While health care in China is primarily financed by out-of-pocket expenditure, health care providers, especially hospitals, are still largely state owned and government controlled. Even though the private sector is playing an increasing role in ambulatory care provision, private services are not covered by the social insurance benefits package, and thus serve primarily self-payers. The government’s reservations about private provision stem from concerns that it may drive up costs and offer services of questionable quality. This paper has sought to gather evidence on the relative performance of the private and public sectors. It found no indications that the private sector providers charge higher prices or primarily serve the better off. On the contrary, available data suggest that the private sector serves low-middle income groups and that consumer satisfaction with cost and quality of care is higher in the private than the public sector. This may be due to competition among private providers.

Integrating gender interests into health policy

J. Gideon

Development and Change, vol.37, 2006, p.329-352

This article shows that the gender mainstreaming initiative within the Chilean health sector has made important inroads towards advocating for gender-sensitive reforms. The project has succeeded in bringing together gender and health activists and has developed a coherent set of proposals by a range of actors. They have ensured that the need for gender-sensitive health reform has become a subject of public concern, with on-going media attention now given to the issues of gender bias in the private health insurance system and the implications for women of the proposed changes in the public system. However, in order to ensure an effective state response, women’s organisations need to form new strategic alliances both with government officials and with a broader range of civil society organisations.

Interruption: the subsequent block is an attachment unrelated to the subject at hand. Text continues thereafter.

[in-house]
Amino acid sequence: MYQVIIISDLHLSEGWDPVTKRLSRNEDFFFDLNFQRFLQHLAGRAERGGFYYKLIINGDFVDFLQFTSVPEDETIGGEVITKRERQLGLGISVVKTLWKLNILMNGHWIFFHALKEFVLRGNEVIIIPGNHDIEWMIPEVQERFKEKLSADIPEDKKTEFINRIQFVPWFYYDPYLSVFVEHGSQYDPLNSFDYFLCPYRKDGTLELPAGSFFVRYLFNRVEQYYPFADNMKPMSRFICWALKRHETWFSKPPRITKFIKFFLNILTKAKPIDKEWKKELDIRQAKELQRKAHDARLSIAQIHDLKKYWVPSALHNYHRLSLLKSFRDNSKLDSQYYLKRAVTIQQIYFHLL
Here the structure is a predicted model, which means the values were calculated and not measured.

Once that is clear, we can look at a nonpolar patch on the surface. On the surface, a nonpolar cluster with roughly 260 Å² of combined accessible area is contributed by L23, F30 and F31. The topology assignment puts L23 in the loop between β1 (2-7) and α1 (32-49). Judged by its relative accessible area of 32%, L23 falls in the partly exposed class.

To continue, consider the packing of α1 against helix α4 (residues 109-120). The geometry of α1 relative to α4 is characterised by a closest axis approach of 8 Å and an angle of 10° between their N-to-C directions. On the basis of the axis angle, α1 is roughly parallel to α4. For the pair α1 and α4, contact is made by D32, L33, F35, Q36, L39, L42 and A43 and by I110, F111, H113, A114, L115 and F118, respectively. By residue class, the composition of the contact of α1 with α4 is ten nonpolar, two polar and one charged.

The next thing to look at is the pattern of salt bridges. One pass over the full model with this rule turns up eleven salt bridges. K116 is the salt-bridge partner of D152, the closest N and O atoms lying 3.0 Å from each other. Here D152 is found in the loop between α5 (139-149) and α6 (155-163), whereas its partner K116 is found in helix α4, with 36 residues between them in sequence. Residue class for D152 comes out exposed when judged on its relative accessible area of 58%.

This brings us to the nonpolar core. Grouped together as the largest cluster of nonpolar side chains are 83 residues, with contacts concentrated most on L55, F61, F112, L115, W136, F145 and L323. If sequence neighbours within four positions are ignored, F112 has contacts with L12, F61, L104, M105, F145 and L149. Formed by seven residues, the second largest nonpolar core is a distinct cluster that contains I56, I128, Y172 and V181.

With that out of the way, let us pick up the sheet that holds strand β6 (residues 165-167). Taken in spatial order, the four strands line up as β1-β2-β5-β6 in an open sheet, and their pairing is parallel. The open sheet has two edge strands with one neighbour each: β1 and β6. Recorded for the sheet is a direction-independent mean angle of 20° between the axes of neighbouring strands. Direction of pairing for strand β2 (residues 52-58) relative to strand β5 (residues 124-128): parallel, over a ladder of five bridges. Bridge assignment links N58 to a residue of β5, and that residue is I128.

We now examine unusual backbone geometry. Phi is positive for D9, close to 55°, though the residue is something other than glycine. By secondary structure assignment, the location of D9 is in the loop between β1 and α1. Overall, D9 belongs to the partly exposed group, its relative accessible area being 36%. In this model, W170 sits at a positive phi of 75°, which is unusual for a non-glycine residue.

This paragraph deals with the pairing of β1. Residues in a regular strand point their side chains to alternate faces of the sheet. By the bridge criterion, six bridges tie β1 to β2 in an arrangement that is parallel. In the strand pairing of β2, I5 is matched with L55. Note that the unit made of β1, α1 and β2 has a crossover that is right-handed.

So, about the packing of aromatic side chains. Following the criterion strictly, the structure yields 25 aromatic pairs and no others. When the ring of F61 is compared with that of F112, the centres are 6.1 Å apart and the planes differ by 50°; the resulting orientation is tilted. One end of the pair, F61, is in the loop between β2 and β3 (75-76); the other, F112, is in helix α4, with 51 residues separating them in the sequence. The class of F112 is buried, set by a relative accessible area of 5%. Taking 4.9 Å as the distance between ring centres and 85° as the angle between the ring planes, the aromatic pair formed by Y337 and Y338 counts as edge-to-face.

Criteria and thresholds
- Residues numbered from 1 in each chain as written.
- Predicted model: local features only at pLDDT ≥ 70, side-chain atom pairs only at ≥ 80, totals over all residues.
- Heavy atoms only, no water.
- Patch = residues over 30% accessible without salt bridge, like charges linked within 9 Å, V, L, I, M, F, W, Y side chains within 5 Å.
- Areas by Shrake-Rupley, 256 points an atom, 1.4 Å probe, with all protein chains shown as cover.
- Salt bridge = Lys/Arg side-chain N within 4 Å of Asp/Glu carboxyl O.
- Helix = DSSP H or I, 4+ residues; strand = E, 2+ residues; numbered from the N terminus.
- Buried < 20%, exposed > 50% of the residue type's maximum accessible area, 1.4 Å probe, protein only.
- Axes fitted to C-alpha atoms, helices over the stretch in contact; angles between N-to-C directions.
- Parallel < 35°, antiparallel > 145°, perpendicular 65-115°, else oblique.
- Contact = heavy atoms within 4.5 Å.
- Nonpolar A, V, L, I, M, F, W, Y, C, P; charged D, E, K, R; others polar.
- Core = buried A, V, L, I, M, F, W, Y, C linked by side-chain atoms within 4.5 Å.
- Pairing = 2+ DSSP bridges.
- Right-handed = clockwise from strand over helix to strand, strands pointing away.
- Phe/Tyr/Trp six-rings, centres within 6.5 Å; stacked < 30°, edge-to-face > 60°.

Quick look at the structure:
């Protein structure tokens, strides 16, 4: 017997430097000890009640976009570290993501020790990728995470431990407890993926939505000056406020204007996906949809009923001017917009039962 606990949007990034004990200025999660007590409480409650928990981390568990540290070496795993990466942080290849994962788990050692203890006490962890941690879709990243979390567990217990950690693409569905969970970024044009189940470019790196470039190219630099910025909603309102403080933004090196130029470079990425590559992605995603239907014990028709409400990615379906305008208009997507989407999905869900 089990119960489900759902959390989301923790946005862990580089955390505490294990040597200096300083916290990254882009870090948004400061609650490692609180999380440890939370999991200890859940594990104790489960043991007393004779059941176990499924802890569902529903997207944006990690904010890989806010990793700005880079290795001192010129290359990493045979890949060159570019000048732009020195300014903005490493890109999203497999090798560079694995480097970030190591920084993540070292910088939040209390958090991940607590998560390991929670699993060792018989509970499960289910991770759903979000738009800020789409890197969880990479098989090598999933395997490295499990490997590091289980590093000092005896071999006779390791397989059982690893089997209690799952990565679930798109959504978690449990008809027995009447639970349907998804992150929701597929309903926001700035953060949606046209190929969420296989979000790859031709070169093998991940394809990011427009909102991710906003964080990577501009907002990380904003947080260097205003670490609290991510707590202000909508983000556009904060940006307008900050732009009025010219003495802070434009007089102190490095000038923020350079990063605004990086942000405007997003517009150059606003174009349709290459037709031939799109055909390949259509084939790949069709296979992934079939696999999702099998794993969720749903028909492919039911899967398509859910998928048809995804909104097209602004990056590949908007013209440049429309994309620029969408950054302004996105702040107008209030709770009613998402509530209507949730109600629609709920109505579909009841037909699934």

Older people’s views on how to finance increasing health-care costs

E. Werntoft and others

Ageing and Society, vol.26, 2006, p.497-514

This paper investigated the views of older people in Sweden about how healthcare should be financed and their willingness to pay for treatment, while also looking for variations in these views by age and gender. Survey participants were divided into “young-old” (60-72 years), “old-old” (78-84 years) and “oldest-old” (87-93 years). Participants recommended increasing taxes to fund healthcare, but said that they were willing to pay for certain treatments themselves, eg cosmetic surgery. Many were willing to pay for cataract surgery to shorten the wait if they could afford it. Results also showed that views on how to pay for healthcare differed amongst the age groups and between men and women.